Eoin Hand’s term as manager of the Republic of Ireland soccer team is often overshadowed by the glory days of Jack Charlton. If Charlton had good luck, Hand was all too familiar with its quarrelsome sibling: bad luck. This is the inside story of his time in football, from his start with Swindon Town at eighteen, through playing for Portsmouth and Ireland, to managing the Irish team. With one of Ireland’s greatest generations of players, such as Liam Brady, Ronnie Whelan and Frank Stapleton, the luck of the draw repeatedly pitched Hand against elite teams. His tenure came to an end when Ireland failed to qualify for the 1986 World Cup. Despite having come closer than any previous manager to qualifying, he endured intense criticism from the press. Eamon Dunphy, who grew up close to him and played alongside him for Ireland, mounted a campaign of fierce abuse. Hand responds for the first time, revealing significant unknown facts about Dunphy. Along with anecdotes about top players and managers, he exposes the inner workings of the FAI and assesses its stewardship of Irish football. Chronicling his time abroad, from England to Saudi Arabia, he reveals how his life was threatened in apartheid South Africa. With unflinching honesty and bracing humour, he also lays bare the personal issues that led to heavy drinking and almost dying of acute pancreatitis. That he managed to pull through at all is testament to the resilience with which this provocative memoir crackles.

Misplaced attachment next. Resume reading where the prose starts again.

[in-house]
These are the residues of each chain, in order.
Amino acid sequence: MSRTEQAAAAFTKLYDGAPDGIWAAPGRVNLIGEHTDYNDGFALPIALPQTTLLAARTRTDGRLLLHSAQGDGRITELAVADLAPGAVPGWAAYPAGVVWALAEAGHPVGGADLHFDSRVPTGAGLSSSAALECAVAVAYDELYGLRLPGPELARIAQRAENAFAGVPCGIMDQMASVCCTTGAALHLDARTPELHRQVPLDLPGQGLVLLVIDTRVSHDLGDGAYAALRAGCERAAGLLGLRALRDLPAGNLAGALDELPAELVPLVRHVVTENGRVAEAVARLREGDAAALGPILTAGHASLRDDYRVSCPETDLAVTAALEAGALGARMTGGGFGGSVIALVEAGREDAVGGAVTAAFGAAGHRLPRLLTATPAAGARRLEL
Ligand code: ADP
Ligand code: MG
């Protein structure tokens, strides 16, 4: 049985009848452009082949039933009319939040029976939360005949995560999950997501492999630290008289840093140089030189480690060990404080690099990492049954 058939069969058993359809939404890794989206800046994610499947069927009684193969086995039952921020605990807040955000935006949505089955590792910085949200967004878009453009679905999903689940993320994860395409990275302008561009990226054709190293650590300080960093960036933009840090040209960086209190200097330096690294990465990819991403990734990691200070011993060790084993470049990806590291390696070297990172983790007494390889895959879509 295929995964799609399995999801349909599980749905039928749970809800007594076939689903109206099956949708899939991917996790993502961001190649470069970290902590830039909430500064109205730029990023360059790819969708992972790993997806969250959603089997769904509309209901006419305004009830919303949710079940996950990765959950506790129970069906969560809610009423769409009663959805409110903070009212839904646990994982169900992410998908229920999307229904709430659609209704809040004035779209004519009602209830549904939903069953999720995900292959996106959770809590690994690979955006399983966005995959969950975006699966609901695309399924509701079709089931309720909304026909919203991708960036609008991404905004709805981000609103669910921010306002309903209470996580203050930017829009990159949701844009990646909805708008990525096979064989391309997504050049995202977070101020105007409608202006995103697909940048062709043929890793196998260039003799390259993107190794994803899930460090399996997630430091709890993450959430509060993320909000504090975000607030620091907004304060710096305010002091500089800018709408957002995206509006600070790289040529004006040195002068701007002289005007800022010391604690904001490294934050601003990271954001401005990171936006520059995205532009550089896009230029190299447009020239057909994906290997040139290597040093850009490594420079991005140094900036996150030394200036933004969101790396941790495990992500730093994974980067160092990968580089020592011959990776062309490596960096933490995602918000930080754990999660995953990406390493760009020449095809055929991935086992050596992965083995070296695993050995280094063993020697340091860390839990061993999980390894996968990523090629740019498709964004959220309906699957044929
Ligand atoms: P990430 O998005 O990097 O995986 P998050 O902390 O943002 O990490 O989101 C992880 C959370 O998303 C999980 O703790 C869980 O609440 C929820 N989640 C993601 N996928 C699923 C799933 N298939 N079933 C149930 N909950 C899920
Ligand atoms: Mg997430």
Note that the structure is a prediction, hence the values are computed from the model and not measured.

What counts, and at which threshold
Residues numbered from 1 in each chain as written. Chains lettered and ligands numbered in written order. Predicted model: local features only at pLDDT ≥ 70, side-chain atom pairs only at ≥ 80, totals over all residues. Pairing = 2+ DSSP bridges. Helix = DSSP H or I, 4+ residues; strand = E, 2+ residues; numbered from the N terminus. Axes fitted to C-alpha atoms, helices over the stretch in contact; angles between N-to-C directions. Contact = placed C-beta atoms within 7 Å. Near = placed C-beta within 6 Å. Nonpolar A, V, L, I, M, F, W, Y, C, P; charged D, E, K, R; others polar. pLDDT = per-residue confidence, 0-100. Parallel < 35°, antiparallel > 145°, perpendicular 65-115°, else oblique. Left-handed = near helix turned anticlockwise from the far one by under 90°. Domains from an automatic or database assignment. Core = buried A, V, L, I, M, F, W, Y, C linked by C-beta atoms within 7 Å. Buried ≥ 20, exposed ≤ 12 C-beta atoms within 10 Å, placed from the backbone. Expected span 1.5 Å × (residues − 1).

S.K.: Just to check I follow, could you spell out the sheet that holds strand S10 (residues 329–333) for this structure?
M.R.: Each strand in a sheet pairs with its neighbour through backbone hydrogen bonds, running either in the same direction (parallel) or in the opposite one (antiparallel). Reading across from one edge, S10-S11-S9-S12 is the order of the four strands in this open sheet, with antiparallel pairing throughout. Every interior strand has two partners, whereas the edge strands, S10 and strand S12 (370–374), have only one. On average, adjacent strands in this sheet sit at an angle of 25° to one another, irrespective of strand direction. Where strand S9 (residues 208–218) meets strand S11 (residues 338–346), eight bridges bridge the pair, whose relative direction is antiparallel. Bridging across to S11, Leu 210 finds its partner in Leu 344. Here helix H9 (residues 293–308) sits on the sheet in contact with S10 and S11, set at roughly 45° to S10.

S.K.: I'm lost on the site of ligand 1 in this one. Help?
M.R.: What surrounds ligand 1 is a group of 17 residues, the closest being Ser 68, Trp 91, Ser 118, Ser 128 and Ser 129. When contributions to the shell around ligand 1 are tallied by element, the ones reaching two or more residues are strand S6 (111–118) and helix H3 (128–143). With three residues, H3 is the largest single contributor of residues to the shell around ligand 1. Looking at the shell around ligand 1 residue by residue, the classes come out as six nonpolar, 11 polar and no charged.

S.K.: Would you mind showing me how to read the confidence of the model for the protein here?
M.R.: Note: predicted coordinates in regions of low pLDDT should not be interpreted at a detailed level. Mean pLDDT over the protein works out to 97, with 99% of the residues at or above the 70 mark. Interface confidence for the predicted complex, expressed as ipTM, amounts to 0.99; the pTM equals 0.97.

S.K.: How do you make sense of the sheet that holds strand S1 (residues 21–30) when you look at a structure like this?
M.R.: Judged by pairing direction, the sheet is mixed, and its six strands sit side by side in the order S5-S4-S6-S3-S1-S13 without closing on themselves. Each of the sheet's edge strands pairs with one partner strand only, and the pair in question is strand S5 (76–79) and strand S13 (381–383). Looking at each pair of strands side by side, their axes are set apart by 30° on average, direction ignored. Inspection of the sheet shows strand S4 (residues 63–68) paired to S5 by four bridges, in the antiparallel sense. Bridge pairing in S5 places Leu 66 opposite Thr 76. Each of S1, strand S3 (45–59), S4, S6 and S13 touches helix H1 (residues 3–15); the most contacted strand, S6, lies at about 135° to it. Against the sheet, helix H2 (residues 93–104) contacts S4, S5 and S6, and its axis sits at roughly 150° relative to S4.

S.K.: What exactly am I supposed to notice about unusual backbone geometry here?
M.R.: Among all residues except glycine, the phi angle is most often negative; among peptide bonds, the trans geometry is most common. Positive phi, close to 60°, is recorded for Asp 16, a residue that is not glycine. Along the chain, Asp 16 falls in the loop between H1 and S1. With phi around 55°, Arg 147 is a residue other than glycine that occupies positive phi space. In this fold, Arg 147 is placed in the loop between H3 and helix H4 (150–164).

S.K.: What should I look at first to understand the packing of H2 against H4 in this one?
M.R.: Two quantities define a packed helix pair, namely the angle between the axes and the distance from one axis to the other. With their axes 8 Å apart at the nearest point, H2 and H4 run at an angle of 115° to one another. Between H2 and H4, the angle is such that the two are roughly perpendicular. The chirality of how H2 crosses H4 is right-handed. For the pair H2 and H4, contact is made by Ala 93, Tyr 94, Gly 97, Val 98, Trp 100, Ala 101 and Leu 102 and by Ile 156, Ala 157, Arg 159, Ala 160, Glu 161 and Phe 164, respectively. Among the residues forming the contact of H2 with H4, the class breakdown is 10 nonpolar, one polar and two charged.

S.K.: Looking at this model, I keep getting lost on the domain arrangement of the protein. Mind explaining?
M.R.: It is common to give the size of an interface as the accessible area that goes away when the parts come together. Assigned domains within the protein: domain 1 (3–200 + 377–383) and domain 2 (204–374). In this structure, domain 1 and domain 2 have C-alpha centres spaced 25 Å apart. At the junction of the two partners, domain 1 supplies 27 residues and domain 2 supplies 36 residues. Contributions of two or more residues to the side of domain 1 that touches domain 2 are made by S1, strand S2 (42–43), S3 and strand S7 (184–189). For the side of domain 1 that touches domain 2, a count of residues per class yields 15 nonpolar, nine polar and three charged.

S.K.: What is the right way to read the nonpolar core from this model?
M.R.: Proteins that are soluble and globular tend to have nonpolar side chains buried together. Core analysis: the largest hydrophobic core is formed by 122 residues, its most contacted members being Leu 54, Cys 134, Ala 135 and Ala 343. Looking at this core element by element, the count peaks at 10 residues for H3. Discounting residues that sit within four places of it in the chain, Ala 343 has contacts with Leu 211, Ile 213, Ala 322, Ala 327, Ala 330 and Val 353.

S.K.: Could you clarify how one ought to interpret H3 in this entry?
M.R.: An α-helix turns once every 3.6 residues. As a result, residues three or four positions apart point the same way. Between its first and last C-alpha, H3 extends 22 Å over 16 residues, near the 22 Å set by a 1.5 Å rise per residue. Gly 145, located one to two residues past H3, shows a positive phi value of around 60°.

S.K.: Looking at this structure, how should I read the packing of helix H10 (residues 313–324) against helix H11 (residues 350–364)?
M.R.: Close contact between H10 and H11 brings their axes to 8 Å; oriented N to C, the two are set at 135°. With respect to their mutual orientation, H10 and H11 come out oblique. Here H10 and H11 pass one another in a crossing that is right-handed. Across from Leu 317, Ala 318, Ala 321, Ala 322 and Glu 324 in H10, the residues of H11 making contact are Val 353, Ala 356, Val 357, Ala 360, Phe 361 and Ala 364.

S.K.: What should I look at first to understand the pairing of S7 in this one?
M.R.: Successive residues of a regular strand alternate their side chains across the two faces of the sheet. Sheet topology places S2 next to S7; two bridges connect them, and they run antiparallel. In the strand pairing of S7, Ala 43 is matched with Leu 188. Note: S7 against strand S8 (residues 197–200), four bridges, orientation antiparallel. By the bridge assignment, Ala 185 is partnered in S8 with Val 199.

For years, Barcelona and Real Madrid maintained a firm grip on the country's and the continent's silverware, but Los Rojiblancos have managed to turn La Liga into a three-team league, with the help of a fiery Argentine coach, a squad of cast-offs, an electric home support, and an overarching commonsense financial plan. In 2000, the capital city side had suffered their first relegation from the top flight since 1930, but just 14 years later they would be crowned La Liga champions. Euan McTear explores the key moments, decisions, goal, s and matches in their extraordinary resurgence, one which has converted Atletico Madrid into one of world soccer's most powerful clubs.